This story is part of Fix’s What’s Next Issue, which looks ahead to the ideas and innovations that will shape the climate conversation in 2022, and asks what it means to have hope now. Check out the full issue here.
Australian novelist Charlotte McConaghy opens her book Migrations on a bleak note: “The animals are dying,” she writes. “Soon we will be alone here.” The bestseller tells the story of scientist Franny Stone, who has left her life and husband behind to follow what’s believed to be the last flock of Arctic terns. McConaghy’s publisher didn’t market the novel as science fiction or a pre-apocalyptic thriller in which Franny sets out to solve climate change or save endangered birds. Instead, McConaghy uses the state of the environment as the background of a deeply personal tale about a woman revisiting past trauma. The critically acclaimed work, published in 2020, is an example of a trope once found exclusively in science fiction influencing the wider world.
Examining the impact of Earth’s changing climate has long been a staple of science fiction. The genre is well suited to address catastrophic problems, and the increasingly dire warnings from scientists look more and more like something that could have leapt from an author’s imagination. In that way, literature provides a means of conveying lessons and context, or presenting the world in a new light. As we work toward addressing the monumental challenge of climate change, fiction — and indeed, popular culture as a whole — will be a powerful tool for fostering change. Fiction and narrative can steer and change opinions, make intangible concepts relatable, and help to suggest solutions to the problems that lie before us.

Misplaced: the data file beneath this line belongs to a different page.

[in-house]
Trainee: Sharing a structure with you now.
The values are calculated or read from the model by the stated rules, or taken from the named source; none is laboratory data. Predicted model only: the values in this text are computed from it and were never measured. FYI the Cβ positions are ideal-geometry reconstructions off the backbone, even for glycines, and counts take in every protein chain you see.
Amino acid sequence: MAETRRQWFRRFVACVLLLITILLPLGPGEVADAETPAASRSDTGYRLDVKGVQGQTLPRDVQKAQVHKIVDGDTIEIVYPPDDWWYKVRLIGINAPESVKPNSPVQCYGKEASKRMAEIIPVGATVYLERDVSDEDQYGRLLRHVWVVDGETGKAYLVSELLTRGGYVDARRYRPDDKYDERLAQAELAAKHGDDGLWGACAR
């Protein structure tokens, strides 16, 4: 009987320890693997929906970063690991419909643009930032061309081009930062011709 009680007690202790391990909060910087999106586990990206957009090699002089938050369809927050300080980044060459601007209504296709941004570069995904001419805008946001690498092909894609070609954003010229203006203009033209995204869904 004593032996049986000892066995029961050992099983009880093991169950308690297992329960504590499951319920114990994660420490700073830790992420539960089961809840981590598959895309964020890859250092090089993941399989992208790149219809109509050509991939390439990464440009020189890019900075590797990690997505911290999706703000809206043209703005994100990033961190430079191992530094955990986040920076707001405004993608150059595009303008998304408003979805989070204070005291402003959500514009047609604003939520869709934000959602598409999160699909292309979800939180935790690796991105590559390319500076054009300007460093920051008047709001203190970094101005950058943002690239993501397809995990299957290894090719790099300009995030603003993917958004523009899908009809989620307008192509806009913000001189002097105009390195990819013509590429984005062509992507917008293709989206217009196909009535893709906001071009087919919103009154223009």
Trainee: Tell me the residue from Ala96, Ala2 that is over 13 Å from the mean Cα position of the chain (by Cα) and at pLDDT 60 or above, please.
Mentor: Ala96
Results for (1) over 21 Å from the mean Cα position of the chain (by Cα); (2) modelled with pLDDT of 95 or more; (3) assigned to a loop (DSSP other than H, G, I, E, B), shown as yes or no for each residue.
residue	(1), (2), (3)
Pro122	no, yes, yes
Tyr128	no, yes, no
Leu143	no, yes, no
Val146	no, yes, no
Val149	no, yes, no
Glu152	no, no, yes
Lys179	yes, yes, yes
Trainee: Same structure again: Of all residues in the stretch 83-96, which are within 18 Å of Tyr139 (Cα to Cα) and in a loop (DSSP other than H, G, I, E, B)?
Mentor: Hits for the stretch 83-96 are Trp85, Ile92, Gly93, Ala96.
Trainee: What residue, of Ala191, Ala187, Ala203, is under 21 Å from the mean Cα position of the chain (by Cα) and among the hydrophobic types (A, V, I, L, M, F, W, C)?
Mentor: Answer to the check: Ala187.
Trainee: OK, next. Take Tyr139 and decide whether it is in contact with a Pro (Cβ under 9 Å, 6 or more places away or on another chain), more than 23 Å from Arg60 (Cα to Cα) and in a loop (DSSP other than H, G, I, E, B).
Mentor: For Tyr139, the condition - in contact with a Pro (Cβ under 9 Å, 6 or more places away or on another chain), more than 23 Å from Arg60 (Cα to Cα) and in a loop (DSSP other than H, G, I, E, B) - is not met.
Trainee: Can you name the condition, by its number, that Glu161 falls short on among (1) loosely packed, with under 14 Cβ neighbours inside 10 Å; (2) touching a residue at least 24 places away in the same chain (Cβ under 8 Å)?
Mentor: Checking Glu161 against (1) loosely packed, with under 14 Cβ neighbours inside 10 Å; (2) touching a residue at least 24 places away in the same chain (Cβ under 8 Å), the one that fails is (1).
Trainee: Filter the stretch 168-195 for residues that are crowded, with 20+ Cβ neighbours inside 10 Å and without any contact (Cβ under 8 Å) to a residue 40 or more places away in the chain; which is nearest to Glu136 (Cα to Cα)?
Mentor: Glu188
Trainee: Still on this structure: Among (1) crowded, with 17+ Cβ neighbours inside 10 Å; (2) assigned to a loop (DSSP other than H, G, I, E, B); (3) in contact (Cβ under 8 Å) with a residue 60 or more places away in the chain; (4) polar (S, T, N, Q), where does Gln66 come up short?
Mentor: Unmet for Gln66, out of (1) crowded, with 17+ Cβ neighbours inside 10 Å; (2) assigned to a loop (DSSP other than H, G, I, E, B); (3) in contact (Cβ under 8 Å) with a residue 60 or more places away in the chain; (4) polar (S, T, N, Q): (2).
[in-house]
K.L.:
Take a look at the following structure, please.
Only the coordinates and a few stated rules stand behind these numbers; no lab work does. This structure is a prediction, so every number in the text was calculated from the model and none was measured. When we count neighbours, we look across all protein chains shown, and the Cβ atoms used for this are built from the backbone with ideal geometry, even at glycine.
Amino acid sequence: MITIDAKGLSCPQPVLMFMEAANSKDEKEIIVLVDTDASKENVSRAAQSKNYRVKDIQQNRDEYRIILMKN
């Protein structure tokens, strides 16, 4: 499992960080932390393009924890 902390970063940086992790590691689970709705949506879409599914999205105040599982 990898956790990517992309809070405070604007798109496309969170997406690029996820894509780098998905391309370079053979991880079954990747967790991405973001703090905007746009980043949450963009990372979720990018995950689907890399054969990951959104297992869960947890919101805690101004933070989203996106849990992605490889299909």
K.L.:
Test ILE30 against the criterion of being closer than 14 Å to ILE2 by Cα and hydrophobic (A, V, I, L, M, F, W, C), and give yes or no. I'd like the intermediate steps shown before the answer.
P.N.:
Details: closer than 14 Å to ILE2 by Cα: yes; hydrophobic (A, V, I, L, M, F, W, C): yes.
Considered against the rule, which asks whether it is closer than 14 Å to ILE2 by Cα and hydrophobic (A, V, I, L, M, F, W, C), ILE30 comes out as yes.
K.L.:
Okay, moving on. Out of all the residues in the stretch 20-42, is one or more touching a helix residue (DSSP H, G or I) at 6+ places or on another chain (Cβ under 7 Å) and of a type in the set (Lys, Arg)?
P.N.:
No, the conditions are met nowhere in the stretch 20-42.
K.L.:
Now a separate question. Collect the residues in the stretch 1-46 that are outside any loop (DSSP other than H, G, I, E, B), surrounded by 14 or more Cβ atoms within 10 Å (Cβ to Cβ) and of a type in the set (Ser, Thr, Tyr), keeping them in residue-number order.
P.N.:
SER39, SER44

Scientists have known for well over a century that rising atmospheric carbon dioxide would lead to rising temperatures, a thread woven into science fiction since the early 1960s. But as the crisis has grown more pressing and its impacts more intrusive, it is wending its way into everything from the novels of writers like McConaghy and N. K. Jemisin to television programs like The Expanse, films like Don’t Look Up, and video games like the forthcoming We Are the Caretakers. Netflix has even gone so far as to create a committee that will explore ways of incorporating environmental issues into its programming. All of this acknowledges the fact that climate change is an inescapable part of life and that popular culture must reflect that.